Classical review: Daniil Trifonov In Recital

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In the first of three appearances at this year’s International Festival, Russian pianist Daniil Trifonov had the Usher Hall audience cheering, whistling and standing on their feet at the end of the first half of his recital there on Wednesday evening.

Star rating: *****

Venue: Usher Hall

In the first of three appearances at this year’s International Festival, Russian pianist Daniil Trifonov had the Usher Hall audience cheering, whistling and standing on their feet at the end of the first half of his recital there on Wednesday evening.

Still just 25 years old, Trifonov is so much more than a wünderkind. The mature precision and personally distinctive interpretation he brings to everything he plays are extraordinary qualities in any artist, never mind one so young. In a programme that called for virtuosity at every turn, Rachmaninov’s Piano Sonata No 1 was the most poetic of the three works. As Trifonov hunched forward over the keyboard or leapt off his stool to bear down on it, this was playing that demanded and held attention in a lengthy and introspective piece.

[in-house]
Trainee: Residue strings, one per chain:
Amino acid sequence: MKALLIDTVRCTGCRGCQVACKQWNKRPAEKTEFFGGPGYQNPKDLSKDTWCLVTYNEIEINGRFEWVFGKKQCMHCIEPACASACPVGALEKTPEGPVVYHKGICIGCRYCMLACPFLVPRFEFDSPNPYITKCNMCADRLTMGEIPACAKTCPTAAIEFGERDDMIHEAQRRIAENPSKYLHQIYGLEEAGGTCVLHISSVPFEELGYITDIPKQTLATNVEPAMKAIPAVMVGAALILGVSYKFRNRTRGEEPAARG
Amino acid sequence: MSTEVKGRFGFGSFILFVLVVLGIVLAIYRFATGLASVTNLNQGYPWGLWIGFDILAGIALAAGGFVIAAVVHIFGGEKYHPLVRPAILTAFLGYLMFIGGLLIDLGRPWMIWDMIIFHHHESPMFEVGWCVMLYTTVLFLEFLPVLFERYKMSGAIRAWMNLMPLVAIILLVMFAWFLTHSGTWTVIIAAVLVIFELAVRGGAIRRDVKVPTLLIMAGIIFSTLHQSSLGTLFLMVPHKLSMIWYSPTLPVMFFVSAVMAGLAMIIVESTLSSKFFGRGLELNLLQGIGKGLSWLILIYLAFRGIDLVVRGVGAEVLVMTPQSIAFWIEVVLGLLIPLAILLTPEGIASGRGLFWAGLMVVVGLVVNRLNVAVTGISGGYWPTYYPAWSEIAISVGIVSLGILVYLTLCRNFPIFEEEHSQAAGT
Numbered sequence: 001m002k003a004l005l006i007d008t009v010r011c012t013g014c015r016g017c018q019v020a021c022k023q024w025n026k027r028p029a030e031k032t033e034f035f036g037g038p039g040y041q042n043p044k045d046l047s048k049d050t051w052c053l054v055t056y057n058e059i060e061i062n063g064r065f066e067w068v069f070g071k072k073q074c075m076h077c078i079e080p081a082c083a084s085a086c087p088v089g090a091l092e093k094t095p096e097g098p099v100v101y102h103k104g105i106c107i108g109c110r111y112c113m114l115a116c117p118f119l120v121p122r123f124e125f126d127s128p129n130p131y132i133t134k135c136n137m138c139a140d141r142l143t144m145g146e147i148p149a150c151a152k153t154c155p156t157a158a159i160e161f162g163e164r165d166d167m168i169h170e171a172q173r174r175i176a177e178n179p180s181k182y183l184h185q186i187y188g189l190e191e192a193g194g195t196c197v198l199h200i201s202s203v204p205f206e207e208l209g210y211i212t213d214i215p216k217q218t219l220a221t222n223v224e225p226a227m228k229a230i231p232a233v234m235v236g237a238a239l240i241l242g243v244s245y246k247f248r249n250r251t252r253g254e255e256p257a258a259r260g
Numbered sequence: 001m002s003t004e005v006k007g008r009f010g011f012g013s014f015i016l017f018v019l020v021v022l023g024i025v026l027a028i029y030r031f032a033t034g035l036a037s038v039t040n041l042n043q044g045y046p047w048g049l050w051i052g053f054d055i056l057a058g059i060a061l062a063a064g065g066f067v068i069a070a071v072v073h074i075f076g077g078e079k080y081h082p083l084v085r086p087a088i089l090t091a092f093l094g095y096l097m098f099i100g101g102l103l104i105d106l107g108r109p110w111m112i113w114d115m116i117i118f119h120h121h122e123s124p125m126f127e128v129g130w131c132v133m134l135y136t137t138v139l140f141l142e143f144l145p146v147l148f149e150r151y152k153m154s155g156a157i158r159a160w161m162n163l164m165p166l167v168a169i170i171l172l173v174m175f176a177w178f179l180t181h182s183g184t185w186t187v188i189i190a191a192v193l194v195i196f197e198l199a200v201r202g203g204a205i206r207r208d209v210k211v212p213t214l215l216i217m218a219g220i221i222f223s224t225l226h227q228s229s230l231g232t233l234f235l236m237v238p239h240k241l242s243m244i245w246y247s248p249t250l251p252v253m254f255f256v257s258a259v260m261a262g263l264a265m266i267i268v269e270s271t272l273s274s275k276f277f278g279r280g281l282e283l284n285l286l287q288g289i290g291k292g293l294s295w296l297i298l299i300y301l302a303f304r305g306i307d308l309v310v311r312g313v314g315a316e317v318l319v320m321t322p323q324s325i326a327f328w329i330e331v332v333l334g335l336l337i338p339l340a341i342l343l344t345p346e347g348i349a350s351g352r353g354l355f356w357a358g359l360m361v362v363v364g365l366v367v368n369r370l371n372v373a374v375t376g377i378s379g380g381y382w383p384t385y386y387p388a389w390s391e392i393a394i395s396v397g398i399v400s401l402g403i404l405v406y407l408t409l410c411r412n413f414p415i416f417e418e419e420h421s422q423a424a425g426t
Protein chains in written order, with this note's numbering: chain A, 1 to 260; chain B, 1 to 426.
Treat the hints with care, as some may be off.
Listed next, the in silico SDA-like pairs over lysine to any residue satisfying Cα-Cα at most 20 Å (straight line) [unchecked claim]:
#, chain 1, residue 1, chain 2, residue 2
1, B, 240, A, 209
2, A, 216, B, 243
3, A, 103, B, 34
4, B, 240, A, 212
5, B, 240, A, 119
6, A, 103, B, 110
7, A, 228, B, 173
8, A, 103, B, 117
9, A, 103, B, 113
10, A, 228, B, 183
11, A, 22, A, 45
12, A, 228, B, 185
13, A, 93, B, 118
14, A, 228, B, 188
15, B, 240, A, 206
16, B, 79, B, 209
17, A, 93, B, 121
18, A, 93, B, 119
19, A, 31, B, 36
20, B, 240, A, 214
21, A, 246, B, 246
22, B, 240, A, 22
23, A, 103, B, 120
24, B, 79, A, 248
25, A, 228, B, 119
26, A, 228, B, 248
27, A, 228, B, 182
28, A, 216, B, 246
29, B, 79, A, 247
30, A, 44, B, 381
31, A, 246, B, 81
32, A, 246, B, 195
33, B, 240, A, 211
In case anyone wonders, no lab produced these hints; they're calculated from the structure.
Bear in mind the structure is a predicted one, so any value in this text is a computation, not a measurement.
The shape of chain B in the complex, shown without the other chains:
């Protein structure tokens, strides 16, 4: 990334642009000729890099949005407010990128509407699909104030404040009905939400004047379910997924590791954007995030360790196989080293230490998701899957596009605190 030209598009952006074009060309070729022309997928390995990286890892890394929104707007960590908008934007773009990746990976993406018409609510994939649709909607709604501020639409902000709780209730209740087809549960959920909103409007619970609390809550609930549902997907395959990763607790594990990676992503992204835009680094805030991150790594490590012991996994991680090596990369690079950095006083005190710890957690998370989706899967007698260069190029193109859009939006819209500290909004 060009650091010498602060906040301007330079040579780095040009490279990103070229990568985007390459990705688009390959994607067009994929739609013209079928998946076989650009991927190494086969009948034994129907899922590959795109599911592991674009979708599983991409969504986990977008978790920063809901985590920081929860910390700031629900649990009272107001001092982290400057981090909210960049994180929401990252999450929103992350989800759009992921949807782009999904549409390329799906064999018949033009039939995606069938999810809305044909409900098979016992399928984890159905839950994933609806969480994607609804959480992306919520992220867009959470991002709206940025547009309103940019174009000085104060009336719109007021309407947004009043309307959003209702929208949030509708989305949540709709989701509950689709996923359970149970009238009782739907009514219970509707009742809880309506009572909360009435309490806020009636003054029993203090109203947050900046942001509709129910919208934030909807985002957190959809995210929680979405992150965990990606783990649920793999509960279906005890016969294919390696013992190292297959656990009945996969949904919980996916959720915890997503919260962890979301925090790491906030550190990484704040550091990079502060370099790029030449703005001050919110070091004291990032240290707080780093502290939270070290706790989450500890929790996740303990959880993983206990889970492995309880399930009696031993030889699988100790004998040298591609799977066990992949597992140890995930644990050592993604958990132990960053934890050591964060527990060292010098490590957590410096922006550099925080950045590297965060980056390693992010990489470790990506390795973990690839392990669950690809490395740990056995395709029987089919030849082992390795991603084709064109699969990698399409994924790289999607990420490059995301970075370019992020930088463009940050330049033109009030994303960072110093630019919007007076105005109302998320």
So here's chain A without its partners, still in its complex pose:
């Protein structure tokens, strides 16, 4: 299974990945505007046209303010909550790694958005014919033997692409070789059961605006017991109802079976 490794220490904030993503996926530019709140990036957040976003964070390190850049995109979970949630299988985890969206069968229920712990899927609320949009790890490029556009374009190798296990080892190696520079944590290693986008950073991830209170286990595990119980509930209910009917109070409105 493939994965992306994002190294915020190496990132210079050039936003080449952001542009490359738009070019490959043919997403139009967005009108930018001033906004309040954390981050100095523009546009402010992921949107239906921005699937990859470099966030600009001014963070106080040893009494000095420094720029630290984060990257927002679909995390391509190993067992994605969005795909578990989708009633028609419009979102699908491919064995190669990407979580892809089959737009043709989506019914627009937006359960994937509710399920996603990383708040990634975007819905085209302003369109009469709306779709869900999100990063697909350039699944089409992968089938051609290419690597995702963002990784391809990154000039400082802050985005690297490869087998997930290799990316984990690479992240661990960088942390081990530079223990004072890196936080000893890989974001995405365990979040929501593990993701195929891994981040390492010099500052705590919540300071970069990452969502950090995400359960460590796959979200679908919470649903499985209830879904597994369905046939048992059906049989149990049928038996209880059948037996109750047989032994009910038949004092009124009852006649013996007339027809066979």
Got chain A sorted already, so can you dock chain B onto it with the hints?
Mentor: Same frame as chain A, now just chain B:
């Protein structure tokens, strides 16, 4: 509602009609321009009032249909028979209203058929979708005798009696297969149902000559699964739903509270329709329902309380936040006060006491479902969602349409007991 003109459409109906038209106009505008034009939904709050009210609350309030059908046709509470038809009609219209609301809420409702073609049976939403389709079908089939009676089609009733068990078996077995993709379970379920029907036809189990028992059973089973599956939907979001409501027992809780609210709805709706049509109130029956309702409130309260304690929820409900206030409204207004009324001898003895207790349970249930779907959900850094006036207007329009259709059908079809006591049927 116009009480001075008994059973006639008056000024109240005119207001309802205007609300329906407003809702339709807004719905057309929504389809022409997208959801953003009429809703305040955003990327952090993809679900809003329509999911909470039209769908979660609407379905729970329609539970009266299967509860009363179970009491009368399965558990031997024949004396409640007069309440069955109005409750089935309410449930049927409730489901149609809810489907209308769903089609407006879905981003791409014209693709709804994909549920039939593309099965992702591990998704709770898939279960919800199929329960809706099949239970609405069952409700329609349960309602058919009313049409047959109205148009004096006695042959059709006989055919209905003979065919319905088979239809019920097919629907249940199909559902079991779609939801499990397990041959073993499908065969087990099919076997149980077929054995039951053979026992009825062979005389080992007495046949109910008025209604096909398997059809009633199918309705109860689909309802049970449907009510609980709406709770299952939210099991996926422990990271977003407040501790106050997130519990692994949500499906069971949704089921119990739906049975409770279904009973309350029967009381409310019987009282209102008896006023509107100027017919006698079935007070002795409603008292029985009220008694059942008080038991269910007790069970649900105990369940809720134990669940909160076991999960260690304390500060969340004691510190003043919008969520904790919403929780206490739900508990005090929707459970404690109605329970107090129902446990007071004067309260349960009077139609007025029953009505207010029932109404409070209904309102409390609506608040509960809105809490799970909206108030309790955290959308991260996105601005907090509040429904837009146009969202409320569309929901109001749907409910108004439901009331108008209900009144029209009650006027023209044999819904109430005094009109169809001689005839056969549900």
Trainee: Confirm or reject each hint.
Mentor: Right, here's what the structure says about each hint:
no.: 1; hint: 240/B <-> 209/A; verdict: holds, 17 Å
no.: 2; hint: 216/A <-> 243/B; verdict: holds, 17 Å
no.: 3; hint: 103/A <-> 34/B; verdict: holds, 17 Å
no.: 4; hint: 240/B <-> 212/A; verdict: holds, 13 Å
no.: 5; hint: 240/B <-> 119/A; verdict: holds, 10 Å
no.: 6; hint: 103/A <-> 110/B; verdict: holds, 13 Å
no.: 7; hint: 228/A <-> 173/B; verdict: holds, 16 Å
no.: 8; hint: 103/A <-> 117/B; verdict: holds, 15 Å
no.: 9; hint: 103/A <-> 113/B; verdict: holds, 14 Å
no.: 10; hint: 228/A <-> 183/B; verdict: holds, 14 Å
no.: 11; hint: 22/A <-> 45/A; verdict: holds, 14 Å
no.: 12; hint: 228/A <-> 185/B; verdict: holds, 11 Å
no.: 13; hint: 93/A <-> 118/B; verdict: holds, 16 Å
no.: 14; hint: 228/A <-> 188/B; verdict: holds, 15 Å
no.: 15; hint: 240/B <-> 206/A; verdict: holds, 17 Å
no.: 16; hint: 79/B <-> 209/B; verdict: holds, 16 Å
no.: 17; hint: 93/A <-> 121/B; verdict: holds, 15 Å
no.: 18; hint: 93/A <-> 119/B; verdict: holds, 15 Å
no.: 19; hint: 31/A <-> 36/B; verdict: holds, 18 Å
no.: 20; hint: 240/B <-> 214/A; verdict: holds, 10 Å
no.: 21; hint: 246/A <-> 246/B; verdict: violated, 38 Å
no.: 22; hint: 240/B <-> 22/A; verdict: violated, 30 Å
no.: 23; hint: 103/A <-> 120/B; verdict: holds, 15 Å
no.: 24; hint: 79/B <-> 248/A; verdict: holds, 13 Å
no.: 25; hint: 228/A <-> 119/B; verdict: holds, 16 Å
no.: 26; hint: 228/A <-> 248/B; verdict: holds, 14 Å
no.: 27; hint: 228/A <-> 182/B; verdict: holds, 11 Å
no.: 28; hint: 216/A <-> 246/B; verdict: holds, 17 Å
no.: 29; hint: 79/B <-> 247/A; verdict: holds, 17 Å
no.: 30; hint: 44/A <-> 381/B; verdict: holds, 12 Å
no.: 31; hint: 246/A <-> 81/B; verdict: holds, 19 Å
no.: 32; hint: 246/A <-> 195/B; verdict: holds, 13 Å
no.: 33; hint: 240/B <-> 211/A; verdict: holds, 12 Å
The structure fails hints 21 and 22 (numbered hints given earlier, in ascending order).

Brahms’s arrangement of Bach’s Chaconne from the D minor Partita for solo violin is written for left hand only. As if the piano was a natural extension of his own physicality, Trifonov astounded in bringing out the transcription’s many complexities.

Although much of the recital was Trifonov full-on, Liszt’s Grande etudes de Paganini had moments of delicacy, as if he was sprinkling fairy dust up and down the keys.

Mahler’s Ninth Symphony, Usher Hall, tonight 7:30pm. Daniil Trifonov & Friends, Queen’s Hall, 22 August, 11am.

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